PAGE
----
UFH may make little or no difference versus placebo to the rate of major bleeding events in kidney transplantation (3 studies, 155 participants: RR 2.92, 95% CI 0.89 to 9.56; I² = 0%; low certainty evidence). Sensitivity analysis using a fixed-effect model suggested that UFH may increase the risk of haemorrhagic events compared to placebo (RR 3.33, 95% CI 1.04 to 10.67, P = 0.04). Compared to control, any heparin (including LMWH) may make little or no difference to the number of major bleeding events (3 studies, 180 participants: RR 2.70, 95% CI 0.89 to 8.19; I² = 0%; low certainty evidence) and had an unclear effect on risk of readmission to intensive care (3 studies, 180 participants: RR 0.68, 95% CI 0.12 to 3.90, I² = 45%; very low certainty evidence). The effect of heparin on our other outcomes (including death, patient and graft survival, transfusion requirements) remains unclear (very low certainty evidence).
Three studies (144 participants) investigated antiplatelet interventions in kidney transplantation: aspirin versus dipyridamole (1), and Lipo-PGE1 plus low-dose heparin to "control" in patients who had a diagnosis of acute rejection (2). None of these reported on early graft thromboses. The effect of aspirin, dipyridamole and Lipo PGE1 plus low-dose heparin on any outcomes is unclear (very low certainty evidence).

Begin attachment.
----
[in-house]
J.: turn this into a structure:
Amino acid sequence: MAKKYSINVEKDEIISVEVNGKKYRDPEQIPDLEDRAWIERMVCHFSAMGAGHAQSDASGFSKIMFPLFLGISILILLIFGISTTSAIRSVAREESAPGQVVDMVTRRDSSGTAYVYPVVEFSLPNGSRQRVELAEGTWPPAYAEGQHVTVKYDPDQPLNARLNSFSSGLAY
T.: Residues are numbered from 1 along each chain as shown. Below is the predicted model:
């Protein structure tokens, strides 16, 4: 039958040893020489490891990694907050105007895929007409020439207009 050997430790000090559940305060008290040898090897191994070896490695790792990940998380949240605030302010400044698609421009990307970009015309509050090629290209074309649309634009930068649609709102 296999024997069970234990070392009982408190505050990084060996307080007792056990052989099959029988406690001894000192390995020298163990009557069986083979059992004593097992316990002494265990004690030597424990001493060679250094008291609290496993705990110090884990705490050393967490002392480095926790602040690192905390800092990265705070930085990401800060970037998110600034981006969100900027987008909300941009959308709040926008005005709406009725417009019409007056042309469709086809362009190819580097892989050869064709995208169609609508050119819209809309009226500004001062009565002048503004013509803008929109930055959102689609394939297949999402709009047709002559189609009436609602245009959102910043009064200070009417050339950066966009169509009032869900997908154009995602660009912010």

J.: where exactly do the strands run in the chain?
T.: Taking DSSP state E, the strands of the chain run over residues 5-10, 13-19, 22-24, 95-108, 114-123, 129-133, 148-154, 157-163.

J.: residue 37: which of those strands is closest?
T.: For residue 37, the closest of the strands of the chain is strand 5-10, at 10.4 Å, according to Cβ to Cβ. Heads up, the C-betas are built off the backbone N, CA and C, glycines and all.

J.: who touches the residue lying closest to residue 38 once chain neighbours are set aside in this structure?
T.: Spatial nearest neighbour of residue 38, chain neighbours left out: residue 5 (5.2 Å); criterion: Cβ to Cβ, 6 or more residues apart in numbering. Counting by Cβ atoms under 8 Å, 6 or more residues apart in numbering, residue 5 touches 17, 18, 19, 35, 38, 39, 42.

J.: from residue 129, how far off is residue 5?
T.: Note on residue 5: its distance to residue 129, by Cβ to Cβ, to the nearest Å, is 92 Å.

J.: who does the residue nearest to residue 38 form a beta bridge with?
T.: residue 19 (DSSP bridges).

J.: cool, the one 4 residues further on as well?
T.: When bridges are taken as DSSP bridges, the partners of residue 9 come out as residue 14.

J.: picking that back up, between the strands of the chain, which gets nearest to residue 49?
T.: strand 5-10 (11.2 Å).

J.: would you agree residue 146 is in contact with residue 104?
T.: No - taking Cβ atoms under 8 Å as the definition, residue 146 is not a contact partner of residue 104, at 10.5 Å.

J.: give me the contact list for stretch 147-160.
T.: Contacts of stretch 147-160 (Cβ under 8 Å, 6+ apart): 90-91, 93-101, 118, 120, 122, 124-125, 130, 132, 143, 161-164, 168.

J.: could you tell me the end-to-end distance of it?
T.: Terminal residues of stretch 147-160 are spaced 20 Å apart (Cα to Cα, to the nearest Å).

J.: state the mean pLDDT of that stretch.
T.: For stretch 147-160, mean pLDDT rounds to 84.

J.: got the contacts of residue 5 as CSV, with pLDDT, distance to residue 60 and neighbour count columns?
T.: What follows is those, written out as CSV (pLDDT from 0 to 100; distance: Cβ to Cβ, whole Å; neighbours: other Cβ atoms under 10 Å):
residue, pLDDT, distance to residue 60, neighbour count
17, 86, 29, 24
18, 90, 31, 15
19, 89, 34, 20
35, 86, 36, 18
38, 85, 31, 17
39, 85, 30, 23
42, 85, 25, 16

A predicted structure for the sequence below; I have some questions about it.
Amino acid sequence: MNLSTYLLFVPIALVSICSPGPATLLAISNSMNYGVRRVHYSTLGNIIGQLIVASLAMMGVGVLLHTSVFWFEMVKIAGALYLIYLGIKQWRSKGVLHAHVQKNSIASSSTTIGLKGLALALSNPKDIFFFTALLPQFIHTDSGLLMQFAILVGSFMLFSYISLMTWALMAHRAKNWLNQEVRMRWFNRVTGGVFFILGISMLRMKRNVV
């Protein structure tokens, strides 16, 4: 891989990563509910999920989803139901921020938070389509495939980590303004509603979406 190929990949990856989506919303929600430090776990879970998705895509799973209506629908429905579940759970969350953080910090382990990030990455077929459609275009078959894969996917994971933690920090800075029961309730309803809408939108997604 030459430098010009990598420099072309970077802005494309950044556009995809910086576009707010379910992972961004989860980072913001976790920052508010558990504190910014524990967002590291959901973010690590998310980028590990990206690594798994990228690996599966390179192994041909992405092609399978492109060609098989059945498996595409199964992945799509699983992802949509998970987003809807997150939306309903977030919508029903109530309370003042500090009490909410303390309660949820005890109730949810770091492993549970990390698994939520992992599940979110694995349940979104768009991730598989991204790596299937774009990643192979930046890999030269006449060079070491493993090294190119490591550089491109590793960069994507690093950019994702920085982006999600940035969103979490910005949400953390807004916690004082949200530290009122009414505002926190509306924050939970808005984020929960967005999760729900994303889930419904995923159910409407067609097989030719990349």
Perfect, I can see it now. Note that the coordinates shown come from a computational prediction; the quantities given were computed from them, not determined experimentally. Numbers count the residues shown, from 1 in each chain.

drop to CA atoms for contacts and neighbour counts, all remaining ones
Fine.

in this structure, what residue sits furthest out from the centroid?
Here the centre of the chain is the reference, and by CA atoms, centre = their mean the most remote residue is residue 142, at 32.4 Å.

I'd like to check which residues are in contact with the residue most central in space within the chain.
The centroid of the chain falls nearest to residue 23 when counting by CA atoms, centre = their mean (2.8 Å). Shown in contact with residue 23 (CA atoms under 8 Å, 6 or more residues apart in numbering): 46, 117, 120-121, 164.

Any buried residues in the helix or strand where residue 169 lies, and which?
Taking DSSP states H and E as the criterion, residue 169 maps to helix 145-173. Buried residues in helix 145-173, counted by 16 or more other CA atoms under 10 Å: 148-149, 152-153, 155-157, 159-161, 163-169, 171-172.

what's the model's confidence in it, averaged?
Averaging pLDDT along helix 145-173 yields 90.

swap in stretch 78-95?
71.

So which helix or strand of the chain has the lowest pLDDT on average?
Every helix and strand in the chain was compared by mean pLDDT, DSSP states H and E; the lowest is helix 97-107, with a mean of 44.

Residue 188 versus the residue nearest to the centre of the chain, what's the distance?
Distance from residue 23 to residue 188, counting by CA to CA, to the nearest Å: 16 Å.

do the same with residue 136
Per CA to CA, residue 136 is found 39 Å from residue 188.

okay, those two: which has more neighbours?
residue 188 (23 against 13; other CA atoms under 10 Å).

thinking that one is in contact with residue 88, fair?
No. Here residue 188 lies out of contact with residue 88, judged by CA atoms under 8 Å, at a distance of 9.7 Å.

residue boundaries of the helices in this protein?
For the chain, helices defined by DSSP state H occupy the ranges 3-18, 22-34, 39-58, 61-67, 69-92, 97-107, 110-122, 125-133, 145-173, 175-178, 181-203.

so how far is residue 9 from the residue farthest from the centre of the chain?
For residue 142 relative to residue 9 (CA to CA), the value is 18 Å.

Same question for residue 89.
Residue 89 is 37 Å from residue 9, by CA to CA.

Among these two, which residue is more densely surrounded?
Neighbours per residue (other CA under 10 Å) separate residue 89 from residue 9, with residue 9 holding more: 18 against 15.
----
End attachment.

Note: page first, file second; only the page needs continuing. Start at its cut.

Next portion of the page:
Two studies (168 participants) assessed interventions in liver transplants. One compared warfarin versus aspirin in patients with pre-existing portal vein thrombosis and the other investigated plasmapheresis plus anticoagulation. Both studies were abstract-only publications, had high risk of bias in several domains, and no outcomes could be meta-analysed. Overall, the effect of any of these interventions on any of our outcomes remains unclear with no evidence to guide anti-thrombotic therapy in standard liver transplant recipients (very low certainty evidence).